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Reduce violence with cost effective investments

Society has many problems, including many forms of violence. One indicator of this is high prison rates. Another indicator is violence in schools. It is true that resources to remedy these problems are finite.

Major media would have us believe there are only two approaches, a) general redistribution, or b) punishment. Much could be said about those two approaches, but what is neglected is that specific solutions have been found that yield huge general gains for society, the venues for this being family life and the early childhood years. Providing specific supports in those venues goes to the root of many problems, and the leverage enacted has the effect of a very large crowbar. The individuals and families that receive the support are directly benefited, where the benefits can be improved health, improved educational outcomes, and reduced violence.

No less important, but not surprising, is that society is also hugely benefited. In fact, research has found areas in which benefits are greater than costs, meaning the long term government investments leads to lower governments costs down the road. Examples of some programs that have been reported to have this characteristic include addiction prevention, home visitation, parenting classes, and some types of early childhood education.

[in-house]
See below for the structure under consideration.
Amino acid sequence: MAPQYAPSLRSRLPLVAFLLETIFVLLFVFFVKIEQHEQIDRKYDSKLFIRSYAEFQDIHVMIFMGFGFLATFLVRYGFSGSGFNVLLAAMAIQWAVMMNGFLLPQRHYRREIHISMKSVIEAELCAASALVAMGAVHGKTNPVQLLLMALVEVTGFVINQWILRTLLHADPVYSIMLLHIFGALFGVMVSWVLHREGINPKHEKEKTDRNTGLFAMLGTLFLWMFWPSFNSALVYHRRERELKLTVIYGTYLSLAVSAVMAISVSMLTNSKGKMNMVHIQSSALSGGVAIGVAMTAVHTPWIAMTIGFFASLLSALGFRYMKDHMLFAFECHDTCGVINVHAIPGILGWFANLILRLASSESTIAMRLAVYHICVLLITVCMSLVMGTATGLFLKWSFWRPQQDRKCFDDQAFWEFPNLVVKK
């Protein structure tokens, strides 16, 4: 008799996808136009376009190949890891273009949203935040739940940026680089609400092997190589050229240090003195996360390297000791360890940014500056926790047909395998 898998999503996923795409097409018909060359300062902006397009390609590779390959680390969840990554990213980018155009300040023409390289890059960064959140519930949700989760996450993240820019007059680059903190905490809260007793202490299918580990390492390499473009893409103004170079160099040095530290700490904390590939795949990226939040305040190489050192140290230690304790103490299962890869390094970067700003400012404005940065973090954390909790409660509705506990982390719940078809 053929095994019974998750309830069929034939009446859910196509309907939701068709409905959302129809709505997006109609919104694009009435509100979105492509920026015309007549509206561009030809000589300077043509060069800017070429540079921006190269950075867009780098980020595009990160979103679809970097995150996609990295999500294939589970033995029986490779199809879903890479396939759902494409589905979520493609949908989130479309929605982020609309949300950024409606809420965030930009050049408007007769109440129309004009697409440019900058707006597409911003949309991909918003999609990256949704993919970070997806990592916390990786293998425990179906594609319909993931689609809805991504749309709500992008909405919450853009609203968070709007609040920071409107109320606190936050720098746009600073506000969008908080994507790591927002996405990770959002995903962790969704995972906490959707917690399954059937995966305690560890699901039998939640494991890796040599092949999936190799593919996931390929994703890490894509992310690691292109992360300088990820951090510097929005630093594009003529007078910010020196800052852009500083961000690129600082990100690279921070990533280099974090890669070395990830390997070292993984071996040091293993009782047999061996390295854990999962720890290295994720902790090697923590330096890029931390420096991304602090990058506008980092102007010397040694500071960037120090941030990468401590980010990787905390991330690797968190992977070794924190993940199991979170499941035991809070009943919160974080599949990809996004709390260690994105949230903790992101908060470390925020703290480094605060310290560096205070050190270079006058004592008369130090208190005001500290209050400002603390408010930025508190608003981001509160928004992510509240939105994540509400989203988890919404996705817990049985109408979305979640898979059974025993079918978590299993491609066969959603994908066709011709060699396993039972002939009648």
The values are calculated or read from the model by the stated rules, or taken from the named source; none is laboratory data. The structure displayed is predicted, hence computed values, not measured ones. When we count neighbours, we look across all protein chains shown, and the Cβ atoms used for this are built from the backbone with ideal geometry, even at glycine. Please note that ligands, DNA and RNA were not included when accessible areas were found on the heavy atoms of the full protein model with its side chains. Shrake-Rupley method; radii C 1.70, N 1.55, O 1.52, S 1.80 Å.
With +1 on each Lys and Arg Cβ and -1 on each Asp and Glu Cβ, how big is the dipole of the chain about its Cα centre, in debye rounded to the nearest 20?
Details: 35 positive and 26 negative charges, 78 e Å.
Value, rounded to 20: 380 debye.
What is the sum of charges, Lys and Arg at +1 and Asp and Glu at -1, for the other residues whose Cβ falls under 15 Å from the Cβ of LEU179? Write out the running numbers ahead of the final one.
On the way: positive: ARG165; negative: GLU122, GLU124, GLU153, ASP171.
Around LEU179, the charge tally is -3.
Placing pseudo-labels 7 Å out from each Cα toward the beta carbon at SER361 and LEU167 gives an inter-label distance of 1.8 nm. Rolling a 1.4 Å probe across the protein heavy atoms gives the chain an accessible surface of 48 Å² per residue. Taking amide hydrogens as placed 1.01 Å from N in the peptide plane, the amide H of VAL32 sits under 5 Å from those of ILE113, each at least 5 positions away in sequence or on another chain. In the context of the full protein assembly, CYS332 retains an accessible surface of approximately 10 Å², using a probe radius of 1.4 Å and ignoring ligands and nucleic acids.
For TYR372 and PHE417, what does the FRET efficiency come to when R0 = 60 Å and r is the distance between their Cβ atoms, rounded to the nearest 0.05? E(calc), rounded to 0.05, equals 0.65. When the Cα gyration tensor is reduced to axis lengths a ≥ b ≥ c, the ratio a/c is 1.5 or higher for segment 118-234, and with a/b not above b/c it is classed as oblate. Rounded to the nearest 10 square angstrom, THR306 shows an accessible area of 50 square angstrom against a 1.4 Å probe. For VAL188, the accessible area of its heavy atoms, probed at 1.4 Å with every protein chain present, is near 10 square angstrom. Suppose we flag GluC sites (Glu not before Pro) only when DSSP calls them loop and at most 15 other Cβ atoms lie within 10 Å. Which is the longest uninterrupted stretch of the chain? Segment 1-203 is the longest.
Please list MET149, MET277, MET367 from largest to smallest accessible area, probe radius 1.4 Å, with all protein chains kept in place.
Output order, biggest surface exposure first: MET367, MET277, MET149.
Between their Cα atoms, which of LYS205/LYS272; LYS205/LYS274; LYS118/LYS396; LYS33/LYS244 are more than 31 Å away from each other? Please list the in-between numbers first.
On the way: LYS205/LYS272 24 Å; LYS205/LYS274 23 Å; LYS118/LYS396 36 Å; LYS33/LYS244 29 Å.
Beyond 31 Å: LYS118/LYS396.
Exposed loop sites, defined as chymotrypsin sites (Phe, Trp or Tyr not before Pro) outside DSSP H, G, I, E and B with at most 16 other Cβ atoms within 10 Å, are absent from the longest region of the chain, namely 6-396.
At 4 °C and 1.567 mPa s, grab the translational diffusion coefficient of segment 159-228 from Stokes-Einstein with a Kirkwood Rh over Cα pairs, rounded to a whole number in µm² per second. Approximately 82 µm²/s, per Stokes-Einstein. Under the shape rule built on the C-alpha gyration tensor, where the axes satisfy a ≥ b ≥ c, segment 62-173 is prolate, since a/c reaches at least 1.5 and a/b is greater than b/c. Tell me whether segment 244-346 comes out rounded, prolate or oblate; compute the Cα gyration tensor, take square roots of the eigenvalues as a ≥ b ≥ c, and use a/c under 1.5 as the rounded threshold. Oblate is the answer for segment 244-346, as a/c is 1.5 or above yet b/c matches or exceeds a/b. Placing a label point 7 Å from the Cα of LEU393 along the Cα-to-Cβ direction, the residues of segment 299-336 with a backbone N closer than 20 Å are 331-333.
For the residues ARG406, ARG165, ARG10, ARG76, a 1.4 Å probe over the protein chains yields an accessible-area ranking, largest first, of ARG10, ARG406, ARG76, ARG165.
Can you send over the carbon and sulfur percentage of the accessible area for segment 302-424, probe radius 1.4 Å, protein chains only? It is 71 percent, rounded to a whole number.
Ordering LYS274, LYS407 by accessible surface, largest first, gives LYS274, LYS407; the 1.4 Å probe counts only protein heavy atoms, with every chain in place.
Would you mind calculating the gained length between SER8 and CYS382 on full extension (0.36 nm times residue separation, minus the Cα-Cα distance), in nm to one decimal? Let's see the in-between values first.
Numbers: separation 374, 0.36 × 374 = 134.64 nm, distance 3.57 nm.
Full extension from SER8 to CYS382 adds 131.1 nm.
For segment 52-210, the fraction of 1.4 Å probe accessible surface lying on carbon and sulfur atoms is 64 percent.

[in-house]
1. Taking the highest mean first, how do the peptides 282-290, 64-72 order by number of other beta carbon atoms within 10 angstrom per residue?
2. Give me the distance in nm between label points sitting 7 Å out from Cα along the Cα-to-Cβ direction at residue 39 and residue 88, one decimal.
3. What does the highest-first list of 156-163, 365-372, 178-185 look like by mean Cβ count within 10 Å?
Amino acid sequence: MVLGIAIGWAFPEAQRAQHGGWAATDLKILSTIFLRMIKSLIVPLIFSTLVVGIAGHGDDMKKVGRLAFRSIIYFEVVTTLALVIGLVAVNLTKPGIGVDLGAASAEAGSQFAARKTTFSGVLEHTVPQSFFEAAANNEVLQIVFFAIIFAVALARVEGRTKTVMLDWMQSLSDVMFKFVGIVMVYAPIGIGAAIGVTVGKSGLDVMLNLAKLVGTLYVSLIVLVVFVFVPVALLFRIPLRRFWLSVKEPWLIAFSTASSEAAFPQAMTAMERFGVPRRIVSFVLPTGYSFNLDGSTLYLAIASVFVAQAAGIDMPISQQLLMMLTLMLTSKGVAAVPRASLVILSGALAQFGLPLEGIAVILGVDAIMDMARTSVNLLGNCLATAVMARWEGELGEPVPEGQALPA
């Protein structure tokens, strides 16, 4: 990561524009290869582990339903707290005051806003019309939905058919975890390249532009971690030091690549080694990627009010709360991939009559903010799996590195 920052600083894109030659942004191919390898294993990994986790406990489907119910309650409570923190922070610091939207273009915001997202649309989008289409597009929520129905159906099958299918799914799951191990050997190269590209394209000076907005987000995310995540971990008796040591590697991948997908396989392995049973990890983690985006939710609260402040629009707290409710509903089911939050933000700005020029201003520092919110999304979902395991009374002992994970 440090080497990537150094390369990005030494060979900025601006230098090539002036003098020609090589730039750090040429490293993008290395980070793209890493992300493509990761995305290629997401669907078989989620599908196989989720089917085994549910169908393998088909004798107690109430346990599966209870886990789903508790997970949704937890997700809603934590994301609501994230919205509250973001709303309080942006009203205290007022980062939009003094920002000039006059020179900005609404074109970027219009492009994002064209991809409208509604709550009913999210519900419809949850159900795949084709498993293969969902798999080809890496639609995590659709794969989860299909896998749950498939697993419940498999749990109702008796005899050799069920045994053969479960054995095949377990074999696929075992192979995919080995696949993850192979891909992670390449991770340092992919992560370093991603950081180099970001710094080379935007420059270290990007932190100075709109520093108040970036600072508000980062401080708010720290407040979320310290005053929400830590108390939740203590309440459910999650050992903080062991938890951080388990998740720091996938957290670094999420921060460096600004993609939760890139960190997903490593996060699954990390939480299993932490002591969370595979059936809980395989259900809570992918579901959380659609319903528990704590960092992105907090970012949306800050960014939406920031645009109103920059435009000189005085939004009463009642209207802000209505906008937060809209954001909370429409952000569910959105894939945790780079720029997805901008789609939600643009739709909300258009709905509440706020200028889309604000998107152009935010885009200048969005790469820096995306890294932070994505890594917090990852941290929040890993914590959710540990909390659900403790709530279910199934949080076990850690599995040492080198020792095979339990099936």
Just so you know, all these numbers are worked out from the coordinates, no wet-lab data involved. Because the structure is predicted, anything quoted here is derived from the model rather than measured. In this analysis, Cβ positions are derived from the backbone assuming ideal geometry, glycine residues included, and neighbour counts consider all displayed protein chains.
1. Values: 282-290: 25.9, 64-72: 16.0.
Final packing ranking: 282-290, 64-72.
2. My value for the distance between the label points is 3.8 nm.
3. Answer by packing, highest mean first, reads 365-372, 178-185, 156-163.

Major institutions underestimate the importance of these approaches, but if you think about it, it makes sense. Whether the early years of life are nurturing, healthy, communicative on the one hand, or neglectful, unsafe, and cold, on the other, has obvious implications for a child's later life outcomes, both intellectual and behavioral, including social bonds in both work and in regular life.

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    May 9 2012: Your idea is the right approach with most benefits allover and into the future.
    The return multiply in the future as you calculate children and grandchildren to have a better start to participate society instead of fighting it.
    It isn't a new idea but it will take a change of view that people don't make that easy. We have to change from reactive to proactive and include all those people that are closed out of our society for whatever reasons.
    Maybe a good presentation of the workability of such approach with example will help to accept this view.
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    May 6 2012: From what I gather from your idea is you favor intervention into families to support the efforts of raising young children. Is this support voluntary or is it required by some gov't agency? If voluntary, what if the parents don't recognize, or don't request help for, the issue? What type of 'specific supports' are you refering to? If not voluntary, who decides on the 'supports' needed or necessary? How would these 'supports' reduce violence in later life? I think I see what you're gettin at, but I'm not sure. Thanks.